39. 39. China’s grand design is to control the South China Sea for economic and military purposes. China wants all the fisheries, oil, gas and mineral resources within the 9-dashed lines. China already takes 50% of the annual fish catch in the South China Sea as more than 80% of its coastal waters are already polluted. China has the largest fishing fleet in the world, with 200,000 sea-going vessels and 2,640 long-distance ocean-going vessels. China’s per capita fish consumption is the highest in the world at 35.1 kg/year to feed 1.4 billion people, while the rest of Asia’s per capita consumption is only 21.6 kg/year. A UN Food and Agriculture Organization study estimates that by 2030 China will account for 38% of the global fish consumption. China is the largest net importer of petroleum in the world. The South China Sea is rich in methane hydrates - said to be one of the fuels of the future. China wants to secure all these methane hydrates for itself. China also wants the South China Sea as a sanctuary for its nuclear-armed submarines – free from surveillance by U.S. submarine-hunting Poseidon airplanes or U.S. nuclear attack submarines. The island-building in the Spratlys is not a knee-jerk response to the Philippines’ arbitration case but part of China’s long-term grand design. As Zang Jie, head of the Asia Pacific Security program at the government-linked Chinese Academy of Social Sciences, stated: “China has wanted to do this for a long time. Now it has the dredging boats, the money and the people. So it is doing it.” China’s Grand Design in the South China Sea
  40. 40. Article 60, Part VI of UNCLOS, on “Artificial islands, installations and structures in the exclusive economic zone,” states: “1. In the exclusive economic zone, the coastal State shall have the exclusive right to construct and to authorize and regulate the construction, operation and use of: (a) artificial islands; (b) installations and structures for the purposes provided in Article 56 (exploitation of non- living resources in the seabed, marine scientific research, protection and preservation of marine environment) and other economic purposes; (c) xxx.” “2. The coastal state shall have exclusive jurisdiction over such artificial islands, installations and structures, including jurisdiction with regard to customs, fiscal, health safety and immigration laws and regulations.” Who can create artificial islands, or erect structures on LTEs, in the EEZ or ECS?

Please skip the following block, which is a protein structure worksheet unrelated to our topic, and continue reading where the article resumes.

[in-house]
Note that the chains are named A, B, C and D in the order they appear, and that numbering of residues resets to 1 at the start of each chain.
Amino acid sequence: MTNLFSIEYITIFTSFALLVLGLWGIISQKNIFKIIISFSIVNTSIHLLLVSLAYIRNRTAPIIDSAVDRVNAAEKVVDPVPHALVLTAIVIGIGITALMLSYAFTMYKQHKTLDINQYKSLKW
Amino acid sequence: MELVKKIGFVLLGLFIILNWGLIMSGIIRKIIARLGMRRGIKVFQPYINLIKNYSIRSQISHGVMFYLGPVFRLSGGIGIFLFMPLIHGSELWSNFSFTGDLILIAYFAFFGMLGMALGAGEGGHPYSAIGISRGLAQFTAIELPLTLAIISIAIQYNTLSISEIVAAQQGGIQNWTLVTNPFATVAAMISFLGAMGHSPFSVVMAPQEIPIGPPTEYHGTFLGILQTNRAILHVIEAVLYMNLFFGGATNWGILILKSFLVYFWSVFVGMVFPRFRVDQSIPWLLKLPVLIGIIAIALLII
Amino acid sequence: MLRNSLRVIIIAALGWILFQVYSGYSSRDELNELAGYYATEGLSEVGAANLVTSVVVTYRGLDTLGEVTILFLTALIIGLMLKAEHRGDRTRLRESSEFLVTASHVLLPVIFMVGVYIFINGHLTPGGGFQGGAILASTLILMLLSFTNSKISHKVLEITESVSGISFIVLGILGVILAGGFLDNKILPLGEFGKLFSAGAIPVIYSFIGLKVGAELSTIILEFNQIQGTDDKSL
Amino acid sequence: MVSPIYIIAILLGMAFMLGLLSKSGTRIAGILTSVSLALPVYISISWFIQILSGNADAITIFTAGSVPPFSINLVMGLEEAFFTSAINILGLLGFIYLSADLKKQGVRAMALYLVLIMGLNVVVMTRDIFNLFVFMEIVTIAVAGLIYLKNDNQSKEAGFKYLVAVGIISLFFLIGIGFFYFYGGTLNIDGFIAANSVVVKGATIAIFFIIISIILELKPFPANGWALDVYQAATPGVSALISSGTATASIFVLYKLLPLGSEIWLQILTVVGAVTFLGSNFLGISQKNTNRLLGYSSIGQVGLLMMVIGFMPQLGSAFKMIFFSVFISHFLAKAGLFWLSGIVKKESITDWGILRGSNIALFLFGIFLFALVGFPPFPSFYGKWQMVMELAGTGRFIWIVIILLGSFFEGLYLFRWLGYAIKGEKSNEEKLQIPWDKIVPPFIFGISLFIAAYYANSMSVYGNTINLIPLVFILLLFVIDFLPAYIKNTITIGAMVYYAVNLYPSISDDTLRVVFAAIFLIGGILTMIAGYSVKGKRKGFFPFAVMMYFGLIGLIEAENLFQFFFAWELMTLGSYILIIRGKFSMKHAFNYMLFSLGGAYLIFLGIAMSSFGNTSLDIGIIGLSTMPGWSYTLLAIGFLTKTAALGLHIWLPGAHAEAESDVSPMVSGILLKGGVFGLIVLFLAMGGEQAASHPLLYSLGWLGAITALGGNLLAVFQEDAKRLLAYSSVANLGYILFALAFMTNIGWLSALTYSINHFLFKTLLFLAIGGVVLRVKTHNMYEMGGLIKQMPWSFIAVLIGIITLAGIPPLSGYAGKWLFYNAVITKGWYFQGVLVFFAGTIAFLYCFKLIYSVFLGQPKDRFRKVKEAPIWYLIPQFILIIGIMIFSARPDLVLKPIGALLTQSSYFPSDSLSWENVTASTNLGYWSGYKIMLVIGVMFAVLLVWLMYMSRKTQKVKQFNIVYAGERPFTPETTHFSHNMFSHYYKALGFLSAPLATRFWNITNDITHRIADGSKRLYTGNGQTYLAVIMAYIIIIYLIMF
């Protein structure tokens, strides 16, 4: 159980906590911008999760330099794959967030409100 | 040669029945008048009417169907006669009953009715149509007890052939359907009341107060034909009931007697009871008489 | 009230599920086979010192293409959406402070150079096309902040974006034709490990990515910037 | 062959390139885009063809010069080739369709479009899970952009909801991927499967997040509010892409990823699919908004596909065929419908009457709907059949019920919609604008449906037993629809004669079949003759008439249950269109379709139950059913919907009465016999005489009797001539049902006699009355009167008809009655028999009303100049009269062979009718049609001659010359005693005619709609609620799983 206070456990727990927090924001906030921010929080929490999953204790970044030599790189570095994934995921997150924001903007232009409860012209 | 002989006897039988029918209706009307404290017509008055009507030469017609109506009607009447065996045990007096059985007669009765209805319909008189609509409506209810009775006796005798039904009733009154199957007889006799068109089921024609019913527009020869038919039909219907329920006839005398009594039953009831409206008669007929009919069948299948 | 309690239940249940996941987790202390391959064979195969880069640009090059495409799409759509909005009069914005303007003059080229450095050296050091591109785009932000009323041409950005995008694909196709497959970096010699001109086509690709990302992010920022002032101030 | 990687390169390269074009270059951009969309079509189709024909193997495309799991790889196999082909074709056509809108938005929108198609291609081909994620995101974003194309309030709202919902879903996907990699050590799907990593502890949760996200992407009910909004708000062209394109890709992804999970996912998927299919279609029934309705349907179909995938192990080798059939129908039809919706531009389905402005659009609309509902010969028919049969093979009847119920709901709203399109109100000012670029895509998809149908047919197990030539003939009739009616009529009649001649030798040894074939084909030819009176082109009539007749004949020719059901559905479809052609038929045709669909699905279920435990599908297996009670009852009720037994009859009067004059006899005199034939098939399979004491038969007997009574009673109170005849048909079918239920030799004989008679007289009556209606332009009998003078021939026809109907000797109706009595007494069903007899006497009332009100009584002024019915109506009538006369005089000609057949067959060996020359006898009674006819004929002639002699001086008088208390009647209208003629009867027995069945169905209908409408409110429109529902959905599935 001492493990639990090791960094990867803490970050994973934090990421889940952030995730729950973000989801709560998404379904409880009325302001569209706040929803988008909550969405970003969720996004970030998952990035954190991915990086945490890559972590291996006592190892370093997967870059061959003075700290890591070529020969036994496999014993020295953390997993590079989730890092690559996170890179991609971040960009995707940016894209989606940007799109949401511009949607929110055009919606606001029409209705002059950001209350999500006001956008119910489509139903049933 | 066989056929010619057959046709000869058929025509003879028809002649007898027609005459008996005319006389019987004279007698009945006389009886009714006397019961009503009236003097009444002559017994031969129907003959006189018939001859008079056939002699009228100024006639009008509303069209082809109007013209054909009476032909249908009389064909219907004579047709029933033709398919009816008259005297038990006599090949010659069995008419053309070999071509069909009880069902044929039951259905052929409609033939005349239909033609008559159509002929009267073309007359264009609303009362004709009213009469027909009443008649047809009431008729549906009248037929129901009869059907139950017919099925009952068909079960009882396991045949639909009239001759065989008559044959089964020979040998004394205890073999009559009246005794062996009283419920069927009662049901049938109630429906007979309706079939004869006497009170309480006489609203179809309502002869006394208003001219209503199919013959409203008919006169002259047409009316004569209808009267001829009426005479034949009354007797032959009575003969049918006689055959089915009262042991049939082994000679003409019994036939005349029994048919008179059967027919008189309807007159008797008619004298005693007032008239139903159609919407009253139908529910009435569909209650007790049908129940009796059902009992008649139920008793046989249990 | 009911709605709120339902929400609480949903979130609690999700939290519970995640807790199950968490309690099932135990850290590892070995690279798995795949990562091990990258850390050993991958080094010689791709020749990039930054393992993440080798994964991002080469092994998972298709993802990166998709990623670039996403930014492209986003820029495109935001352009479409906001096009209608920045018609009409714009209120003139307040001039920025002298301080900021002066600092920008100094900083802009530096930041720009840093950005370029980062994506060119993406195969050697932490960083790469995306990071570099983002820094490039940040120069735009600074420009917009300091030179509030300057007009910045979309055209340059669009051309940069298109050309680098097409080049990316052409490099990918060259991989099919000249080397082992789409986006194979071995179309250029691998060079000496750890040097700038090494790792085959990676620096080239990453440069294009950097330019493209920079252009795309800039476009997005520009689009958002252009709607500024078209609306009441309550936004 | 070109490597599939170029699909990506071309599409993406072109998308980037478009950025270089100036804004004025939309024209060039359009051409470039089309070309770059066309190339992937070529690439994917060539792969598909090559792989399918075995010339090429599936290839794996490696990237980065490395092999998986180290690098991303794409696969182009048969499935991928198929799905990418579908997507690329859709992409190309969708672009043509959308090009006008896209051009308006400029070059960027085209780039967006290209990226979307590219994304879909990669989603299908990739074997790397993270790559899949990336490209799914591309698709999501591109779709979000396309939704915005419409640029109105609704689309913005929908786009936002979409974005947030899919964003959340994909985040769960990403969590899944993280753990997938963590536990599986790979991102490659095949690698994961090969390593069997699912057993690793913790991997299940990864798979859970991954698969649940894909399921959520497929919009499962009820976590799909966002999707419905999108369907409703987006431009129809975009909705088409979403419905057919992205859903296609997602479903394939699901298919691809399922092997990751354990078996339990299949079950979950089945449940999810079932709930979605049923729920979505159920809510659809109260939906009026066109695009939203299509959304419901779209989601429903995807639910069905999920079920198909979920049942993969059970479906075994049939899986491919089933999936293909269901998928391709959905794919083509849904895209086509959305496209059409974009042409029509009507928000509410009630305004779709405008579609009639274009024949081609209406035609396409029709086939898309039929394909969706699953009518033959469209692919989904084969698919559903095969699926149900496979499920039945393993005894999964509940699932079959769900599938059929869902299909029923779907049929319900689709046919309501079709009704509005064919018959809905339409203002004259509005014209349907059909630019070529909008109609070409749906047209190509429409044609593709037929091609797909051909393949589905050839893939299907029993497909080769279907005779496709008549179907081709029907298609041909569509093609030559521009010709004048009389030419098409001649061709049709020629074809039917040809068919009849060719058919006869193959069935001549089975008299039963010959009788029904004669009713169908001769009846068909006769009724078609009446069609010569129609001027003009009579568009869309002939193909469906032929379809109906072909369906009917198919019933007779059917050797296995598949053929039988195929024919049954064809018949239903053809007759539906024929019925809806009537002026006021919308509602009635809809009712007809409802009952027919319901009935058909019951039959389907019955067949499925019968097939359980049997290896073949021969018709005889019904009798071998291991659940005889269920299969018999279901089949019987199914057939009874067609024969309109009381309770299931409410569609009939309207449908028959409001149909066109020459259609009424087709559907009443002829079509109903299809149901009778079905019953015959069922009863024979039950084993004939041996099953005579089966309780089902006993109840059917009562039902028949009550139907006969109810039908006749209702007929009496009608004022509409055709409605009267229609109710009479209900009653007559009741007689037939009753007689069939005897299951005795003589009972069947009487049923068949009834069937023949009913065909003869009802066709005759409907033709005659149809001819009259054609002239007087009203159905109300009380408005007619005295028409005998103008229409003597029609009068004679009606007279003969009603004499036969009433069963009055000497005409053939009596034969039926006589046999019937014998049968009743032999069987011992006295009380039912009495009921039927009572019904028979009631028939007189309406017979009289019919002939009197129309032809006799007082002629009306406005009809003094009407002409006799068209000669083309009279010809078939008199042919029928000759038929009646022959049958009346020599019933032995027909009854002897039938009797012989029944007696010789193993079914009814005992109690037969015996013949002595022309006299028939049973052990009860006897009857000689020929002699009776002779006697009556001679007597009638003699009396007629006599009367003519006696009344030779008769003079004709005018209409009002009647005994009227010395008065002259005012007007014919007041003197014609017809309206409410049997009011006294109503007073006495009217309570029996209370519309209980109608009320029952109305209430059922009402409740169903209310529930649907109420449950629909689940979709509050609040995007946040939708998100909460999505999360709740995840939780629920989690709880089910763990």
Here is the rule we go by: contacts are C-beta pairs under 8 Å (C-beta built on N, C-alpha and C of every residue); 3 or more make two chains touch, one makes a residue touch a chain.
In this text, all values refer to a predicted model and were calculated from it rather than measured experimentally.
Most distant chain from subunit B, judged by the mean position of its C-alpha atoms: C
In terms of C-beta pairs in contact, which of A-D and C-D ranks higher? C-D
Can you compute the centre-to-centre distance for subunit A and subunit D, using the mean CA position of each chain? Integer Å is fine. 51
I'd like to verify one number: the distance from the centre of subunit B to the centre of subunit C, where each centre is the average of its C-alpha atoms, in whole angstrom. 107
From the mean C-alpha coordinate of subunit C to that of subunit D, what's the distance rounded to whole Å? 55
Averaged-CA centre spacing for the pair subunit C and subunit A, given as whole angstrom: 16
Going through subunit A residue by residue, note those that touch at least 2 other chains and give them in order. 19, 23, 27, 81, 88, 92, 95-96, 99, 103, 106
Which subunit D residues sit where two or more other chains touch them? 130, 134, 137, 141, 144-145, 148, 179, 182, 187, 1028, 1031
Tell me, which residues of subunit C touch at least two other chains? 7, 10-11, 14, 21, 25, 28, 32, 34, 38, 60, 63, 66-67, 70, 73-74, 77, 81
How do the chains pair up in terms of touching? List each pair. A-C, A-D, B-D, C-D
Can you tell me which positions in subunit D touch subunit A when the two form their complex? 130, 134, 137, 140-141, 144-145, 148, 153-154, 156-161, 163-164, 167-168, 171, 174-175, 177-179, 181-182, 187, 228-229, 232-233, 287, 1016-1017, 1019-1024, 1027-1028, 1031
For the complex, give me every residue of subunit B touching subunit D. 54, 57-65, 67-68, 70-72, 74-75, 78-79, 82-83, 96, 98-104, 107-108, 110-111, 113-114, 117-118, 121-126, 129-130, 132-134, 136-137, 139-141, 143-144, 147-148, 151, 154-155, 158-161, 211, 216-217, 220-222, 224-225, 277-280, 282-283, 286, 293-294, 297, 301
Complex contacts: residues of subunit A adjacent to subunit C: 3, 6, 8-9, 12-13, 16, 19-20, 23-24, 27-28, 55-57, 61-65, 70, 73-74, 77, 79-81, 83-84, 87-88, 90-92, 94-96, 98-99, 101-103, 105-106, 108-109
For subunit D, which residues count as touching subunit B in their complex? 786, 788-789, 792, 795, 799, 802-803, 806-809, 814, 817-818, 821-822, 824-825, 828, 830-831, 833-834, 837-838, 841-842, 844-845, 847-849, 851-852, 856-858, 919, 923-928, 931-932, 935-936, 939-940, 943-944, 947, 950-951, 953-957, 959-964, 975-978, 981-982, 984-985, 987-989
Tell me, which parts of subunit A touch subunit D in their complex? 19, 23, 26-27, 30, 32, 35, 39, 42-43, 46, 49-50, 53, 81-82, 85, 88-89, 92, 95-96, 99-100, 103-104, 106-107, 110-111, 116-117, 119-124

41. 41. Article 80, Part VI of UNCLOS, on “Artificial islands, installations and structures on the continental shelf,” states: “Article 60 applies mutatis mutandi to artificial islands, installations and structures on the continental shelf.” Clearly, China’s island-building on LTEs in the EEZ and ECS of the Philippines violate UNCLOS and are thus illegal under international law.
  42. 42. Maritime Zones under UNCLOS
  43. 43. No. UNCLOS defines an island as a “naturally formed” area of land, surrounded by water, and above water at high tide. (Art. 121, UNCLOS) Article 60(8) of UNCLOS provides: “8. Artificial islands, installations and structures do not possess the status of islands. They have no territorial sea of their own, and their presence does not affect the delimitation of the territorial sea, the exclusive economic zone, or the continental shelf.” Article 2(2) of UNCLOS states that “sovereignty extends to the air space over the territorial sea.” While a coastal state’s artificial structure installed within its own EEZ is entitled to 500-meter safety zone (Article 60(5), UNCLOS), an illegally installed structure by another state is not entitled to this legal 500-meter safety zone. A legal right cannot arise from an illegal act. Do LTEs and artificial islands acquire a maritime zone if by island-building they are raised above water at high tide ?